If, then

We are shaped by what we believe. Our character and our choices flow from our beliefs. They’re basically our home base — our vantage point. If I believe that anything is possible when I wake up in the morning, that belief sets the timbre for my day. If I believe Harry Potter is absolutely amazing, that belief leads me buy audio books even though I’ve already read all of them more than once. If I believe that I am naturally gifted with a brilliant internal sense of direction, that belief keeps me from feeling lost when I’m driving (regardless of the fact that I’ve gotten lost in my new neighborhood more than once). Beliefs fuel passions and stir us up to fight injustice and help those around us. Beliefs connect us to likeminded people and give us an opportunity to share/learn when we interact with people who think differently. We encourage people to believe in themselves and to believe in a common good. We want to believe in our communities and in each other. 

But sometimes people are formed by negative core beliefs about themselves and about the world. People believe optimism is naive. People believe that they are shameful or unloveable. People believe that violence is necessary and their personal happiness means more than the rights of others. When it seems that someone’s foundational beliefs are dark or flawed, it can be hard to reach any level of understanding or common ground. This is when people decide to argue or post bitter memes or buy rude decals for their car windows to put their opinions on display. I think it’s safe to say that no one has ever come to Jesus or changed their perception about about a politician because they saw a compelling car decal. But I digress… 

Some of my beliefs have maintained a level of consistency over the years. They’ve become more nuanced, and probably a little less rigid, but the foundation is still there. So as I thought through the idea of faith and believing this week, I kept thinking of the song “We Believe?” (Another great one by The Liturgists). This song doesn’t make for easy listening, but I try to insert it in my playlists regularly to keep me on my toes. The verses point out just how often actions seem to contradict professed beliefs. The chorus says, “We believe, help us with our unbelief. So we believe, what we believe.” These words appear to be borrowed from the exchange in Mark 9 between Jesus and a dad who is trying to get help for his son. It goes something like this:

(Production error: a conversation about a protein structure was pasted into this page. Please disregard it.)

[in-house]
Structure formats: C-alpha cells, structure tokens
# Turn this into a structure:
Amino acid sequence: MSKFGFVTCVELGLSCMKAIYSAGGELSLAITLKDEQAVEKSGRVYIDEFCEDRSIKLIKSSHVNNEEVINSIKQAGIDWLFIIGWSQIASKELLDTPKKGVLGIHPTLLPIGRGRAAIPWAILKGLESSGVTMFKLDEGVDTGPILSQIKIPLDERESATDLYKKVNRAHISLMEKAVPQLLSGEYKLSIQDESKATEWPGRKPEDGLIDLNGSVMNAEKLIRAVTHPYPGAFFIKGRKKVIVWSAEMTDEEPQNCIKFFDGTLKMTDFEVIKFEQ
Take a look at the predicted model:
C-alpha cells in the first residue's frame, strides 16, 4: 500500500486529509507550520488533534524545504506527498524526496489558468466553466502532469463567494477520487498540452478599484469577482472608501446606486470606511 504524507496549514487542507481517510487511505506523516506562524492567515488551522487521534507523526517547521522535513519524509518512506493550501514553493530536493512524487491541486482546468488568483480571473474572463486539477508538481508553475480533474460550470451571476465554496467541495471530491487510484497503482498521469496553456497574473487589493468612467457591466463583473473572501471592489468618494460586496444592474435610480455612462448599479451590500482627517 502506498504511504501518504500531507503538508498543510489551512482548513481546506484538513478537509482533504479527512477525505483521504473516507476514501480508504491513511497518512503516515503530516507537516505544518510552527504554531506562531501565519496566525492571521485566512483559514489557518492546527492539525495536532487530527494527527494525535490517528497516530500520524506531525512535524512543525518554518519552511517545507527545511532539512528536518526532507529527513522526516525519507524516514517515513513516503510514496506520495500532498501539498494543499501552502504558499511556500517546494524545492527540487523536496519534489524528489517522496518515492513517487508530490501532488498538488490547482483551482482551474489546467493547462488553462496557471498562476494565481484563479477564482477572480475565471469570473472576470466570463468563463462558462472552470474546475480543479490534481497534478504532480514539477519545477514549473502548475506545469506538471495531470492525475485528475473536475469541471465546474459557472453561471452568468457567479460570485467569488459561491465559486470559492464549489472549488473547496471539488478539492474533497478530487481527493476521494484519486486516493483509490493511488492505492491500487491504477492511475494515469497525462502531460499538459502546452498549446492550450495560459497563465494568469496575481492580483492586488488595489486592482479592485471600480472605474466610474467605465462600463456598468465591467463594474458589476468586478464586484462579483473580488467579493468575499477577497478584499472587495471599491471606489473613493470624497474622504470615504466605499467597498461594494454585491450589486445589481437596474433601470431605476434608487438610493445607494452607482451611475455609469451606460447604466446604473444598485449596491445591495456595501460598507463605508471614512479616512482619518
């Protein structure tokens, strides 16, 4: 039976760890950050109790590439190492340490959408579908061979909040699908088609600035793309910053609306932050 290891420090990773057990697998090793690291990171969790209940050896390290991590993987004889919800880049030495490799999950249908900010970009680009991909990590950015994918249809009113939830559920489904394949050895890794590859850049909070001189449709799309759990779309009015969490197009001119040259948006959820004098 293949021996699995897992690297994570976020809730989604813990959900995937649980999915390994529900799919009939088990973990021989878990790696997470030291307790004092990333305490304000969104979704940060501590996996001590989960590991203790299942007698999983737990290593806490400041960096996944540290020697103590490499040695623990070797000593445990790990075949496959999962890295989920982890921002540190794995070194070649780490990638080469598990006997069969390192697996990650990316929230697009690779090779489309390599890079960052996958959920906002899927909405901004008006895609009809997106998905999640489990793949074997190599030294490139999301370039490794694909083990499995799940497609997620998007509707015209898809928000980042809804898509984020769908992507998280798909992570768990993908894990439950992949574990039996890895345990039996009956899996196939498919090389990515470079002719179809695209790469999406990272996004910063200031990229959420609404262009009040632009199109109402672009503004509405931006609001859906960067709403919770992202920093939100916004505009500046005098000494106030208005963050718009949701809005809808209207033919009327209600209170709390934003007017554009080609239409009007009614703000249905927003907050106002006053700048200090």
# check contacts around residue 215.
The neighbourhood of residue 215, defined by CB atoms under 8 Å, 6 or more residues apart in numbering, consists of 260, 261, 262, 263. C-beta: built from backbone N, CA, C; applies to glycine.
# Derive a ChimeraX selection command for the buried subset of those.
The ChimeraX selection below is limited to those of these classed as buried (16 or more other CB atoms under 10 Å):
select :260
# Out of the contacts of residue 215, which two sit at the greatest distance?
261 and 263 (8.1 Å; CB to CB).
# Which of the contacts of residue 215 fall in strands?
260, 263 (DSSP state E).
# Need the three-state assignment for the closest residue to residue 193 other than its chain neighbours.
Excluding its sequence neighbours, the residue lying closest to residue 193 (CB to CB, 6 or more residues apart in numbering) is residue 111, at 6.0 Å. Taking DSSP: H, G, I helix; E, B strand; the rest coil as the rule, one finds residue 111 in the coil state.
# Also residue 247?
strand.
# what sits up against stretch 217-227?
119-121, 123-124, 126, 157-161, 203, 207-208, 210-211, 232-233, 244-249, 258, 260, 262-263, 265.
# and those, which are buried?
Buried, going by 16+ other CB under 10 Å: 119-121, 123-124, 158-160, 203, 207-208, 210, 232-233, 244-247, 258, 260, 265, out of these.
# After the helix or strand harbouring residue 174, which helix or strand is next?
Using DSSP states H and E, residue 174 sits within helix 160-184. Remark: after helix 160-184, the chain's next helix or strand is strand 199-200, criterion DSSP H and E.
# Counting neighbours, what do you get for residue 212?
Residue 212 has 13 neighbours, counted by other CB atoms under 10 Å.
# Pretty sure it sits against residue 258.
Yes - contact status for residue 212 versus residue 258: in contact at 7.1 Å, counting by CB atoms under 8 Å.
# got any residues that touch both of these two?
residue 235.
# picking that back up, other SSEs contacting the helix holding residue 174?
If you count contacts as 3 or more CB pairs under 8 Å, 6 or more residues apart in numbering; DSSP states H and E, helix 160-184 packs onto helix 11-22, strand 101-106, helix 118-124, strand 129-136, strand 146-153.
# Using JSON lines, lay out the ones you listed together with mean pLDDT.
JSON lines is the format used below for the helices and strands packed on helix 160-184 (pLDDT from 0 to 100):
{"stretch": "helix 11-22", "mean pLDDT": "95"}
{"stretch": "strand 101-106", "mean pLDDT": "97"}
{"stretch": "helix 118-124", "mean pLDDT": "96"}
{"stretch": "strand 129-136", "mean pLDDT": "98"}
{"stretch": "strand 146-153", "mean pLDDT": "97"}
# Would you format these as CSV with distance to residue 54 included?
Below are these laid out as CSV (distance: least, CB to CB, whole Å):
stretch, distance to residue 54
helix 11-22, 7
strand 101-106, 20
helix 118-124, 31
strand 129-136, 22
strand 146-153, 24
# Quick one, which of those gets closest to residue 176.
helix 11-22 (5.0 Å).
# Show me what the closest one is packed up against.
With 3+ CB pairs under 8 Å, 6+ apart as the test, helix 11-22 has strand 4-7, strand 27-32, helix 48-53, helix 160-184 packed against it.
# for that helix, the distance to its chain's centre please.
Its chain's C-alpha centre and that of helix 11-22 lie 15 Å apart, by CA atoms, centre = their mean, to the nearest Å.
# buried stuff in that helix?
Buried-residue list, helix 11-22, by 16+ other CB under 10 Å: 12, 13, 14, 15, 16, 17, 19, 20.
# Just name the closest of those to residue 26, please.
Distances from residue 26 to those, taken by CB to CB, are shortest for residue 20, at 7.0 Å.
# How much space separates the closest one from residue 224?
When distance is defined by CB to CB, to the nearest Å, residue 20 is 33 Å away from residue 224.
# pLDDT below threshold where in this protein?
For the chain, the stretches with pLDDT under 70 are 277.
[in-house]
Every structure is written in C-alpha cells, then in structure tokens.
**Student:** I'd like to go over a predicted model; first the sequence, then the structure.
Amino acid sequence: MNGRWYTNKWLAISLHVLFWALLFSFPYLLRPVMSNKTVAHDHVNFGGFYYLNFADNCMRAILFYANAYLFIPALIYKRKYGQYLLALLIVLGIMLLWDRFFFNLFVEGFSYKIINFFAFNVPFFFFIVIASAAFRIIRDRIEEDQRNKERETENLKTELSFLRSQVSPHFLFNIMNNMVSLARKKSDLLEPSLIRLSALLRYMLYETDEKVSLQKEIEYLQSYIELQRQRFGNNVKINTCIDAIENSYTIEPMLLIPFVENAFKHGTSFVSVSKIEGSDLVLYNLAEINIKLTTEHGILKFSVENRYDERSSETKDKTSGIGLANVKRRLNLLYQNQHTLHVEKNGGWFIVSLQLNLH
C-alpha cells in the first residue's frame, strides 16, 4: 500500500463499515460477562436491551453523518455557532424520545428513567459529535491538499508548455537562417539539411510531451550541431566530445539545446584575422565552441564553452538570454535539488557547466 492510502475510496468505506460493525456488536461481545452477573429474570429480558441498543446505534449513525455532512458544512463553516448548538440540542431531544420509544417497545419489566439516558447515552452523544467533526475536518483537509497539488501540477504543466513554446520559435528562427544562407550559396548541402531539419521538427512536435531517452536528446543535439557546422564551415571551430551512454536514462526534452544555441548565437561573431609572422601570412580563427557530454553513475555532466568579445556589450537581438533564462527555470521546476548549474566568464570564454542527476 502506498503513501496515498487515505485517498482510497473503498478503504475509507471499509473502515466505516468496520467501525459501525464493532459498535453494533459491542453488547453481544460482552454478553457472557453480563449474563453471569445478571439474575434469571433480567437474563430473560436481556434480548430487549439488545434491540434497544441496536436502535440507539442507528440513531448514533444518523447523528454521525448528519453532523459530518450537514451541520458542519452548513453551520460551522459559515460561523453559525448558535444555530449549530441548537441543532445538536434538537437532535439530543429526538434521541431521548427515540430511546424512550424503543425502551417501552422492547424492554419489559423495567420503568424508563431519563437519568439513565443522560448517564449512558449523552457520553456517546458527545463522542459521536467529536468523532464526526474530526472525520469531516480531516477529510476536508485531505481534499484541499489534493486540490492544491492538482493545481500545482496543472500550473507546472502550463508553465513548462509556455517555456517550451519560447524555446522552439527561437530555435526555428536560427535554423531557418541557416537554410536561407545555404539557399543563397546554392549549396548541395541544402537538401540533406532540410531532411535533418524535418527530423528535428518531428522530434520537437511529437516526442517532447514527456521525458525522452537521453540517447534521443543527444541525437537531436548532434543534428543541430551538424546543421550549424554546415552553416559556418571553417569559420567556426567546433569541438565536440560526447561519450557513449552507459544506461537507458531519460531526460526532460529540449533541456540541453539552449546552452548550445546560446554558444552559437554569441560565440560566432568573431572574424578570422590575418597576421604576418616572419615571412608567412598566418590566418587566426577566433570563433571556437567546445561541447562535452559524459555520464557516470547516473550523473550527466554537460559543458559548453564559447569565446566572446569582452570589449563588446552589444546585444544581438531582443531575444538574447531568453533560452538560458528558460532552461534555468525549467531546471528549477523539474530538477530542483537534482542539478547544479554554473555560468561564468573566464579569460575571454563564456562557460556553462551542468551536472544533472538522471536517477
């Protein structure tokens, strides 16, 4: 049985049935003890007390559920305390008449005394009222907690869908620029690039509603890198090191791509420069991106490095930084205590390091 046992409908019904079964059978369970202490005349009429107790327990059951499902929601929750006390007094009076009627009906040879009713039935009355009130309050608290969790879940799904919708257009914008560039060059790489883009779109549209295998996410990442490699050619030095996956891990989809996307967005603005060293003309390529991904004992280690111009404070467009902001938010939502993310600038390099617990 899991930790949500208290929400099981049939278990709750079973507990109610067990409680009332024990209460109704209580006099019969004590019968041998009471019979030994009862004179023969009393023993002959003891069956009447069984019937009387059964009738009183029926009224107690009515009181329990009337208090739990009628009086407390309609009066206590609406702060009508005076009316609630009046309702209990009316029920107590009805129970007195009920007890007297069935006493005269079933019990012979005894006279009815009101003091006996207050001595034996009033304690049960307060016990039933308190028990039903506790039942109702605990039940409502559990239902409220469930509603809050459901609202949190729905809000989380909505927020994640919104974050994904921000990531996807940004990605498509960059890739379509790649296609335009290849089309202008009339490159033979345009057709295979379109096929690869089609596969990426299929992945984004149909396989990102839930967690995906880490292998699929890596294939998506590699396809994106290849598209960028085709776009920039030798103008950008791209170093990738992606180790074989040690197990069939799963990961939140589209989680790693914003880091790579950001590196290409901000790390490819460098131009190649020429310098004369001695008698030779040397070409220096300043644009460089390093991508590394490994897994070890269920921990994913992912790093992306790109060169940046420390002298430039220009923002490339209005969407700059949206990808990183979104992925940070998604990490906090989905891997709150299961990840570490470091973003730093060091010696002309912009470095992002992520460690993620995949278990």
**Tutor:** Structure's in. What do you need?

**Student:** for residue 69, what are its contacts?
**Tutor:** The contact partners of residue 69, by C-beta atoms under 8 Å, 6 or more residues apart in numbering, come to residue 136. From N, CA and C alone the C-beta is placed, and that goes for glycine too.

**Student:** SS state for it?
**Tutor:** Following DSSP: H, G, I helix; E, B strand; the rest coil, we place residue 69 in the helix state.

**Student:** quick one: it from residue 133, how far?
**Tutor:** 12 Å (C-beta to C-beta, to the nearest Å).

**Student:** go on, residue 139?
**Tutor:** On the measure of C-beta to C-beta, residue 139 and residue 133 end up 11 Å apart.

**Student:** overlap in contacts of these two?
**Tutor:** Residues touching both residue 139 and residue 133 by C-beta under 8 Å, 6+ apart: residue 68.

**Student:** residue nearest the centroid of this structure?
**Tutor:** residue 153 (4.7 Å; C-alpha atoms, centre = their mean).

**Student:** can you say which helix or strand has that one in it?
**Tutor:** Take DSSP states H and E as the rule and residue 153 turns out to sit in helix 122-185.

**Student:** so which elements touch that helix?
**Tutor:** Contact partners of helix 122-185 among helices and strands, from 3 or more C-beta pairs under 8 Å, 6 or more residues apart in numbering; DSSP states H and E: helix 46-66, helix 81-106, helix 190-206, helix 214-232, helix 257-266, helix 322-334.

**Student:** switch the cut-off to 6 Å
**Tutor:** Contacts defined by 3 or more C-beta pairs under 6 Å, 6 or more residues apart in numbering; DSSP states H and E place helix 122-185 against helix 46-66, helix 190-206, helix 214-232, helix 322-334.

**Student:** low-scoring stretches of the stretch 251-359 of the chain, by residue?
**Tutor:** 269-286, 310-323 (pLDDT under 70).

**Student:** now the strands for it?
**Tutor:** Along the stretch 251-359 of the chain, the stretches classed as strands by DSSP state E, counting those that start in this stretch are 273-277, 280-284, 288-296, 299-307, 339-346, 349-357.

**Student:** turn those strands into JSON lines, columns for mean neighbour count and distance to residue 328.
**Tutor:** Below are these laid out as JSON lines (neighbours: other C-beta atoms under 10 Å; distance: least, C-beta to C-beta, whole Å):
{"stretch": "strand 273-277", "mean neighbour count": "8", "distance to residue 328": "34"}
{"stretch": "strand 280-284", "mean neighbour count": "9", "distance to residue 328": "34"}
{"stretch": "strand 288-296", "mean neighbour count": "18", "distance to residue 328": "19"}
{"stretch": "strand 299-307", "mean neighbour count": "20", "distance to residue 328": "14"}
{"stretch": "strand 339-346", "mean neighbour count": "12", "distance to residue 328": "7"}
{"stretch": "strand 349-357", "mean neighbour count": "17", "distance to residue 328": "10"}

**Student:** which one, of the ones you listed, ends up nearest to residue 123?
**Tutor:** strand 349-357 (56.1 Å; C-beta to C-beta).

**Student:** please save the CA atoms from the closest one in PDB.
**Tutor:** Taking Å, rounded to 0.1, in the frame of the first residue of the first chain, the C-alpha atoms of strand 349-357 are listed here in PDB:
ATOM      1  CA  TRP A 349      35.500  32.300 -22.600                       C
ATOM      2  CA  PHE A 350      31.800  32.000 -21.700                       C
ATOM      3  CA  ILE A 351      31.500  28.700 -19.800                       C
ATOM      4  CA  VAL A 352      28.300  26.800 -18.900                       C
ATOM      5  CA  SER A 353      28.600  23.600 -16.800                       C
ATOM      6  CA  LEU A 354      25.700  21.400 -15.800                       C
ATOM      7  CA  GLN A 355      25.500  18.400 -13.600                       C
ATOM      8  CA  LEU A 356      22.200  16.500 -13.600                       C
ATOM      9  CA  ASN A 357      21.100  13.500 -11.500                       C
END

Dad: My son has been dealing with these serious issues for all of his life. Please have mercy on us. Help us if you can.

Jesus: If I can? Anything is possible if a person believes. 

Dad: I do believe! I believe you can do anything. But please help me overcome the disbelief

I’m still working through. I want to believe wholeheartedly. (Mark 9:22-24).

 This song and scripture echo the feelings that I have this Advent, and really the feelings that I have throughout the year. If this is what I believe, then why doesn’t the shape of my life reflect that belief? My favorite part of this scenario is that Jesus responds to the dad’s request. He heals the son, which probably helped the dad overcome some of that disbelief he just mentioned.

And I’m relieved that Jesus responds even when the dad acknowledges the ways his faith falls short. Maybe my faith still counts even when it is flimsy. Maybe the tenacity of my faith is measured on a spectrum rather than with a simple yes/no answer. Maybe I can believe something, but still have room to strengthen or reinforce that belief in a new way. Maybe I can treat belief more like a calisthenic or a sun salutation — intentionally incorporating it into my routine day after day to see growth, rather than taking it for granted. Because if I believe, He can help me with my unbelief. 

If I believe God is good, then I can trust Him with my day. 

If I believe God loves me right where I am, then I can have confidence.

If I believe God is Emmanuel, then I can feel reassured even when the world is insane.

If I believe God promises restoration, then I can take heart and know that I’m okay. 

If I believe God offers rest, then I can breathe deep without feeling guilty.

The final words of that song are some of my all-time favorite words. This is my prayer for all of us as we wait this Advent season:

        “Let us receive our faith again, 

        with open minds and earth stained hands

        not with empty words and plans 

        But hearts wide open.”


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